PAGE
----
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“We continued to thrive to the extent possible because an army of loved ones held us fast through the tortured holiday season.”

By John Duberstein

My wife, Nina, was diagnosed with breast cancer in January 2015. We were stunned and scared. But that was just the beginning.

Two days before Christmas that same year, we went to Duke for Nina’s regular radiation treatment. She’d been in excruciating pain for weeks, and was barely able to manage the car ride from Greensboro to Durham. At the hospital, Nina was in too much pain to get on the radiation table. We wound up waiting for hours in the ER, where doctors confirmed our worst fears: Nina’s cancer had spread to her vertebra, causing her back-breaking pain and signaling that her cancer was incurable. She was ultimately admitted for spinal surgery.

Nina and I looked at each other, bereft of words—a rarity in a marriage between a poet and a lawyer.

When we got the diagnosis, I remember an almost cinematic feeling of the floor falling away. Nina and I looked at each other, bereft of words—a rarity in a marriage between a poet and a lawyer.

Because Nina’s post-op was on Christmas Eve, I remember scrambling to arrange care for our kids. Freddy and Benny, who were eight and six at the time, stayed home with family, including Nina’s dad, Peter, a recent cancer widower himself.

Freddy had been diagnosed as a type-1 diabetic less than a year before—just days before his eighth birthday and the same week as Nina’s cancer diagnosis. His care had come to include carb counting, insulin dosing, and various other rituals not inherent to basic childcare. To top it all off, it was Christmas Eve, so Freddy and Benny needed a little more than their usual share of adult attention and ministrations.

But somehow, at least in my memory, getting our family coordinated was so easy it felt like a Christmas miracle. I use “coordinated” loosely because I mostly implored them to make everything okay without saying it—we were relying on our family to keep the world back home humming along while we faced the void opened up by Nina’s spinal tumor. I don’t even recall who did what. All I remember clearly is that whenever I called or texted, someone answered. All I had to do was ask and someone did it.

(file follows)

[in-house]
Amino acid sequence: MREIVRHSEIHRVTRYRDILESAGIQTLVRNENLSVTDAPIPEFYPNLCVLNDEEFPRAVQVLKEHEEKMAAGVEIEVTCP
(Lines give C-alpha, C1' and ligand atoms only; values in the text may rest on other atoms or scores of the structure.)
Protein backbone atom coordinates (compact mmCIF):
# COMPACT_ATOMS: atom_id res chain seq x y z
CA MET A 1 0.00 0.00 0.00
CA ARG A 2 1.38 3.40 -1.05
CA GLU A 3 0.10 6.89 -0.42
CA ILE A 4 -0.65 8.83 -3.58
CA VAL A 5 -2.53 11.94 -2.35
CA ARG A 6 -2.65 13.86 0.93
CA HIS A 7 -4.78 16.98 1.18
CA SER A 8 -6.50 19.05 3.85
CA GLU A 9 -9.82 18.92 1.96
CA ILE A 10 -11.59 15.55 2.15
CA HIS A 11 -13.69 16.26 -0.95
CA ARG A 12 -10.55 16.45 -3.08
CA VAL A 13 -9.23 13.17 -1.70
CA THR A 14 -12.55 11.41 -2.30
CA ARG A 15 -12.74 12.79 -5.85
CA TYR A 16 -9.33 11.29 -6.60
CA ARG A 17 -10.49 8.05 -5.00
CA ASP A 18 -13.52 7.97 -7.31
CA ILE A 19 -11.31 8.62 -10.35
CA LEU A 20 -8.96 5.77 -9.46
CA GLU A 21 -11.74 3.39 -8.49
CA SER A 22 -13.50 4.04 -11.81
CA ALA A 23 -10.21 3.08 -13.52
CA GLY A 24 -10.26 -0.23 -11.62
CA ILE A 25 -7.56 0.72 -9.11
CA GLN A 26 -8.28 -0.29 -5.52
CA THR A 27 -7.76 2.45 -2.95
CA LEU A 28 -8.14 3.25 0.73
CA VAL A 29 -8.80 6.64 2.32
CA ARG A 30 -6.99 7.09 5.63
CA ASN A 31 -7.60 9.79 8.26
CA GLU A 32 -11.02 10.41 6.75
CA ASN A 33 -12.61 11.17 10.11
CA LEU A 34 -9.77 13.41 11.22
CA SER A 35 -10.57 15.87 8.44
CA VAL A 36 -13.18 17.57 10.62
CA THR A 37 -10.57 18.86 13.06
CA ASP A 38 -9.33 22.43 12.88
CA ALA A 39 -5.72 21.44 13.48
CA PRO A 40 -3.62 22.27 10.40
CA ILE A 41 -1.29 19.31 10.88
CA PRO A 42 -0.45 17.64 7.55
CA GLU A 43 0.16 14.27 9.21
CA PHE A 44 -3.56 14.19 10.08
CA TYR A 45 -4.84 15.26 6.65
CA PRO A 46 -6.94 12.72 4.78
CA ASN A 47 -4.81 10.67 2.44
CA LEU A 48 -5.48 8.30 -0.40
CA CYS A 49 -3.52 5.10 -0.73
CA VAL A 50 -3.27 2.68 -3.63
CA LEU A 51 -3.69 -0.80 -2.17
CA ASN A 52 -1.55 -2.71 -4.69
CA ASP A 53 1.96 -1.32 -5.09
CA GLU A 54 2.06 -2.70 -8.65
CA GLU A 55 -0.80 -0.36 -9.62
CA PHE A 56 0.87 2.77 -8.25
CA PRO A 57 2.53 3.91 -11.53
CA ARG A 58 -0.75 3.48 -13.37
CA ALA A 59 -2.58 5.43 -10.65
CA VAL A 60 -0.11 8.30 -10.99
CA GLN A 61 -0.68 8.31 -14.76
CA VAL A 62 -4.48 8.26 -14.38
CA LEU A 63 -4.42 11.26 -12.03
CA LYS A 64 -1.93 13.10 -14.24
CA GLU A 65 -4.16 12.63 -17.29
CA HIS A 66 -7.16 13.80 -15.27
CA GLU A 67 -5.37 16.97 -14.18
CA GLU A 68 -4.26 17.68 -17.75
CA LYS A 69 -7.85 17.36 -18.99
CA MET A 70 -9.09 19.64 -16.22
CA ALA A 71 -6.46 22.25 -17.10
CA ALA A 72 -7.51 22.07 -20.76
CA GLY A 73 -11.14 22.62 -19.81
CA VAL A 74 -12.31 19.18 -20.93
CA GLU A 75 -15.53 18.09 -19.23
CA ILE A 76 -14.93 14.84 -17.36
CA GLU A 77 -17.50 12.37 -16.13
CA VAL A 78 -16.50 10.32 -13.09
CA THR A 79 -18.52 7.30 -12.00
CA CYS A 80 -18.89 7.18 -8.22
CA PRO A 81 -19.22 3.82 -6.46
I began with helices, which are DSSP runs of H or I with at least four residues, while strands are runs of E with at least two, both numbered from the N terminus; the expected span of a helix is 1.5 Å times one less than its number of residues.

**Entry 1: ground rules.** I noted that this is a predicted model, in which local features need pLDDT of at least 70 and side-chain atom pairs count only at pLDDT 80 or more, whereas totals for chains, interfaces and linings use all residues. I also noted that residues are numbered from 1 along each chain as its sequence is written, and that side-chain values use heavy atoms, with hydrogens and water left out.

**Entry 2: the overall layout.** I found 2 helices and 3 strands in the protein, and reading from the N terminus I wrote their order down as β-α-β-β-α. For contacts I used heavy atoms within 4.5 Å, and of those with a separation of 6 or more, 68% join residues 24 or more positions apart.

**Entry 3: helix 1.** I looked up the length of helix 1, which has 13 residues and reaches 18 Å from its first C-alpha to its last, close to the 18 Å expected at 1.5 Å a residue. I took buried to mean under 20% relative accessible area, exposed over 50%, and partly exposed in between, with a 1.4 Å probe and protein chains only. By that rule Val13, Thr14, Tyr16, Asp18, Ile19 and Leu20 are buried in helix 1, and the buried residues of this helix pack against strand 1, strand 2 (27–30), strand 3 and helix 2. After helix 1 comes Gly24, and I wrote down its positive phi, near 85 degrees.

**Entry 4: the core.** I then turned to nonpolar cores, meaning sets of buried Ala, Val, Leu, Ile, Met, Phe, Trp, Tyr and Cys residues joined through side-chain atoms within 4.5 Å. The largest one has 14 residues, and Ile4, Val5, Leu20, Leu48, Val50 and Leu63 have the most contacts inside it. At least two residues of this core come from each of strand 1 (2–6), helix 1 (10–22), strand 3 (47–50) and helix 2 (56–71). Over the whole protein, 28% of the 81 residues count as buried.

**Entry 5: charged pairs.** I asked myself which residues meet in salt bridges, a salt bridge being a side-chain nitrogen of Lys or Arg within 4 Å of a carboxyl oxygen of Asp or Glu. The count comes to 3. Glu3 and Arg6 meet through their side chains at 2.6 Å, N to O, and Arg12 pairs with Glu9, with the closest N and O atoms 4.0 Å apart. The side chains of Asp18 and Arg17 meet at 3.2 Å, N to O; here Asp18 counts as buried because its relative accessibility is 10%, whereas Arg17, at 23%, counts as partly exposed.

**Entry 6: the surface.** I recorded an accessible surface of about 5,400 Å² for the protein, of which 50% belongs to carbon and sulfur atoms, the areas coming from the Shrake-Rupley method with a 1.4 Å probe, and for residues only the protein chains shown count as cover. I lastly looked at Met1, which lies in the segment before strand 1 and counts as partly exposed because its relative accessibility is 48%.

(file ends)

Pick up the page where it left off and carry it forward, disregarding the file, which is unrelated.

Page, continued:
Not only did our people pull off Christmas with Nina and me largely absent, but that year was one to remember for the boys.

Not only did our people pull off Christmas with Nina and me largely absent, but that year was one to remember for the boys. They spent time with GrandPete (their grandfather) and Aunt Jennie—always a treat for both of them—and were showered with presents. Nina had gone all out to make up for that year of loss, diagnoses, and existential dread, and our families also spoiled the boys appropriately.

While Nina slept in the twilight of post-operative drugs, I came home to find a Christmas Eve meal already cooked and presents ready to be opened. I got to watch the boys open a few gifts and snapped some pictures to show Nina on my iPhone. We even called Nina before I headed back to Duke for the night—actually, we had to, because I wasn’t sure where she had hidden all the unwrapped Christmas loot.

My sister Jennie stayed at our house and bore the mantle of stand-in Santa most directly. While Nina and I were in the hospital, Jennie managed to scour the cupboards and closets of our house and set out everything worthy of Christmas morning to set the scene for the boys. After the flurry of wrapping paper and toys, our family brought the boys to the hospital to spend time with Nina. In so many ways, it wasn’t an ideal Christmas, but one thing we didn’t have to worry about—maybe the only thing—was our kids missing the magic of Christmas morning.

Nina came home right after Christmas. Her cousin Bonnie, an occupational therapist, arrived before New Year’s and brought a whole second wave of support with her. She gave Nina massages, cooked food, and entertained the boys. And, in yet another miracle coordinated by one of our best friends long after Santa’s sleigh had left town, friends came to our door daily with food.

By the end of the holidays, we had entered a whole new world—one in which it turned out Nina would only have one Christmas left. I don’t think I’ll ever know or understand what Nina was going through. Some things we really do and must endure alone. For Nina, the holidays had been a crucible of suffering followed by a New Year of facing imminent mortality. I’m in awe every time I think about how deep a well of resilience and sheer toughness she had.

But her resilience, along with our resilience as a couple and as a family, was not an individual act.

But her resilience, along with our resilience as a couple and as a family, was not an individual act. Thanks to Nina’s high pain threshold and the generosity of friends with a magnificent Parisian flat, we were able to celebrate my birthday in Paris just a month after Nina’s surgery. We were also able to spend Nina’s final Christmas taking the kids to Universal Studios. We continued to thrive to the extent possible because an army of loved ones, each suffering in their own way, held us fast through the whole tortured holiday season. 

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Image credit: Jessica Britton

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